* – Unlike his comments about “Die Hard,” which were amusingly on-point.

Trademark headaches for the Vegas Golden Knights?

LAS VEGAS, NV - NOVEMBER 22:  The team name and logo for the Vegas Golden Knights are displayed on T-Mobile Arena's video mesh wall after the Vegas Golden Knights was announced as the name for the Las Vegas NHL franchise at T-Mobile Arena on November 22, 2016 in Las Vegas, Nevada. The team will begin play in the 2017-18 season.  (Photo by Ethan Miller/Getty Images)
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It’s difficult to tell just how big of a headache this might be, but SBNation‘s Mary Clarke uncovered quite the eyebrow-raiser on Wednesday: the Vegas Golden Knights’ trademark request was rejected by the U.S. Patent and Trademark Office.

You can read the 164-page document here (if you’re weird), but the gist is that “registration of the applied-for mark is refused because of a likelihood of confusion with the mark” used by the College of Saint Rose Golden Knights.

Clarke summarized it simply enough:

Essentially, the logos and stylizations are too similar. It’s baffling the NHL and Vegas didn’t go through the trademark process before announcing the name and logo last month. Yet, all is not lost. Later down, the document states the Black Knight Sports and Entertainment group “may respond to the refusal by submitting evidence and arguments in support of registration.”

Sports Illustrated’s Alex Prewitt received this release from the Vegas Golden Knights, which indicated that they will respond to the refusal (and also noted how teams like the Boston Bruins and UCLA Bruins share names without issues).

There seem to be some mixed messages, at least if you note owner Bill Foley’s response to NBC Las Vegas’ Amber Dixon:

Hmm.

This could merely be a messy issue that really doesn’t cause anything to go off track, even if people are certainly having some fun at the league and team’s expense.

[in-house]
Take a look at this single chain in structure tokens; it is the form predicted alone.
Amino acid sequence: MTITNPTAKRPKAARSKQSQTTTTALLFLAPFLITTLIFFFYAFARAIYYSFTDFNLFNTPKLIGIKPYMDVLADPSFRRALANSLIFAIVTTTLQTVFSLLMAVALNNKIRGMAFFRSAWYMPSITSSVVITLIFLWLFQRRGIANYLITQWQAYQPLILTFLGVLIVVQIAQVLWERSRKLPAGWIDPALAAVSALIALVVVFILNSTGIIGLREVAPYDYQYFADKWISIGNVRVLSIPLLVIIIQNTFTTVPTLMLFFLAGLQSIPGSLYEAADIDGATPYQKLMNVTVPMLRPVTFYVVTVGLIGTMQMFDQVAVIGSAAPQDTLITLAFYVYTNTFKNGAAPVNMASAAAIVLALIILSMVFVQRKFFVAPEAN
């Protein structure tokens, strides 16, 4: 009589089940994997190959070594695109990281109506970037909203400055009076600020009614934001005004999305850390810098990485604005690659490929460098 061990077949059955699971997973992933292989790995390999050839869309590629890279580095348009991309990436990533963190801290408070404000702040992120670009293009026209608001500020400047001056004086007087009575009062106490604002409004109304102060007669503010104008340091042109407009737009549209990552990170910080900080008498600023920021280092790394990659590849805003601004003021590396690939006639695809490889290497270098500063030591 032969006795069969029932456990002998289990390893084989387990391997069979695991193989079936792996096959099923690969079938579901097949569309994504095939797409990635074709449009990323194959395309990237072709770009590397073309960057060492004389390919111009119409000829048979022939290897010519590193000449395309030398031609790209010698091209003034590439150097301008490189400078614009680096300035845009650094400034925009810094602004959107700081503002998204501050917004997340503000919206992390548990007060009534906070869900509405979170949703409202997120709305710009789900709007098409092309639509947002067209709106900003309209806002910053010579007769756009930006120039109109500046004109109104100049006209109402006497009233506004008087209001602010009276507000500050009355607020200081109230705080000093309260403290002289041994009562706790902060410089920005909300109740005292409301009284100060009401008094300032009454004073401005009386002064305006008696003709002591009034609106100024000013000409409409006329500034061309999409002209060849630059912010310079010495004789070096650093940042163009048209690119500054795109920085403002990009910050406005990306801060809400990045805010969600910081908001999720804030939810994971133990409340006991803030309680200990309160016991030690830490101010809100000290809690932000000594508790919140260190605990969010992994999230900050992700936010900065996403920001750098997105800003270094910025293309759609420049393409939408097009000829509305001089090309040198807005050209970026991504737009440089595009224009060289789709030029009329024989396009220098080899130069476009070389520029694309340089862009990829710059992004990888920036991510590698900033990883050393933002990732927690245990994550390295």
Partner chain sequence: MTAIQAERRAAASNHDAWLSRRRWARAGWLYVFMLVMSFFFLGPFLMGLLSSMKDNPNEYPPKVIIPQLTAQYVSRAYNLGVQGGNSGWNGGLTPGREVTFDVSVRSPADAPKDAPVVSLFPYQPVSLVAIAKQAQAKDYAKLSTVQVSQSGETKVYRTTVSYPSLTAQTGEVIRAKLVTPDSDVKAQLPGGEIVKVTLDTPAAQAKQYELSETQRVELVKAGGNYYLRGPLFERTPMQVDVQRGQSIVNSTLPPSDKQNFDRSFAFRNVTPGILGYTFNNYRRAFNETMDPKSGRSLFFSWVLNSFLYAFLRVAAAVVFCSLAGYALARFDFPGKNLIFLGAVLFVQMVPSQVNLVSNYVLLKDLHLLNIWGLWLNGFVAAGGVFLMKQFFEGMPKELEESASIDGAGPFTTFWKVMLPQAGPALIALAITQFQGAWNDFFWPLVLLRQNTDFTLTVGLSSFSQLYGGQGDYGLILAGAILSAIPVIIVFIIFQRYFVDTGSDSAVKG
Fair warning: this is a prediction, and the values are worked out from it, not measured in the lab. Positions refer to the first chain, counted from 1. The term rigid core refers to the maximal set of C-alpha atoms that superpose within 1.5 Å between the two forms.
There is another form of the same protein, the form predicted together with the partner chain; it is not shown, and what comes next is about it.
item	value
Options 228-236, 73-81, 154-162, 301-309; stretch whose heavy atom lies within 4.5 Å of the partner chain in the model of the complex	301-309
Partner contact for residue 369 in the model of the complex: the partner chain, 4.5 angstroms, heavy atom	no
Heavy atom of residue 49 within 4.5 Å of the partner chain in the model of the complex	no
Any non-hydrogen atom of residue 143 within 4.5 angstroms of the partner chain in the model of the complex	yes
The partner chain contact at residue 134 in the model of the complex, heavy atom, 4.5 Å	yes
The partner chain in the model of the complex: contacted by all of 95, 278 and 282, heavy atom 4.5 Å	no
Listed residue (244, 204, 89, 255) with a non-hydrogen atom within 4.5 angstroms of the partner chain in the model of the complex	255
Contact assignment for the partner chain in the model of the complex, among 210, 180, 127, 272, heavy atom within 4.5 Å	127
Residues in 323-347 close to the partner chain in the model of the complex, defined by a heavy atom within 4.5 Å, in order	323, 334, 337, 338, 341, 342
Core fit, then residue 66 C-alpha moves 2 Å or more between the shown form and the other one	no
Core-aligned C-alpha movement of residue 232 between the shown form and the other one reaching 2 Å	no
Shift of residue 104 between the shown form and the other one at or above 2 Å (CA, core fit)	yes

The logo and other marks seem to be the biggest sticking point, so compare the two for yourself:

Again, this could all be a mild disruption, but it’s an odd situation. And, to some, a great laugh.

Related: There also might be some issues involving the Army.

Capitals manage OT win after coughing up lead to Bruins

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It wasn’t pretty, and they might have lost key defenseman Matt Niskanen to injury, but at least the Washington Capitals managed a win against the Boston Bruins.

For a while, it was looking pretty ugly.

After going up 3-0, the Capitals went more than a period’s worth of time without even managing a shot on goal. Whether you lean more toward giving the Bruins credit for fighting back or beating up the Capitals for “sitting on a lead,” it’s staggering that such a dangerous offense could be held in check for so long.

Luckily for Washington, Nicklas Backstrom salvaged the night with an overtime goal to give the Capitals a 4-3 overtime win.

Both teams have had a knack for extending games beyond regulation lately, by the way:

Capitals over the last three games:
Shootout loss to the Lightning
Overtime win against the Sabres
Overtime win tonight against the Bruins

Bruins over the last five games:
Shootout loss against Flyers
Shootout win against Hurricanes
Regulation win against Sabres
Overtime win against Panthers
Overtime loss to the Capitals

Maybe that’s what gets it done in 2016-17: finding ways to carve out wins and shake out rough patches, like the Caps did tonight.

Matt Niskanen injured by Patrice Bergeron boarding hit

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Patrice Bergeron doesn’t have a reputation for dirty hits, but he drew the Washington Capitals’ ire for a hit on Matt Niskanen.

The Capitals consider Niskanen “probable” to return to Wednesday’s game against the Boston Bruins with what they’re calling an upper-body injury. Bergeron received a two-minute boarding penalty for the infraction.

(Check out video of the hit above.)

The Capitals’ Twitter acknowledged the brewing bad feelings.

Does Bergeron deserve supplemental discipline for that boarding hit?

Update: The Capitals won the game 4-3 in overtime, but Niskanen did not return. Click here for more on the Caps’ victory.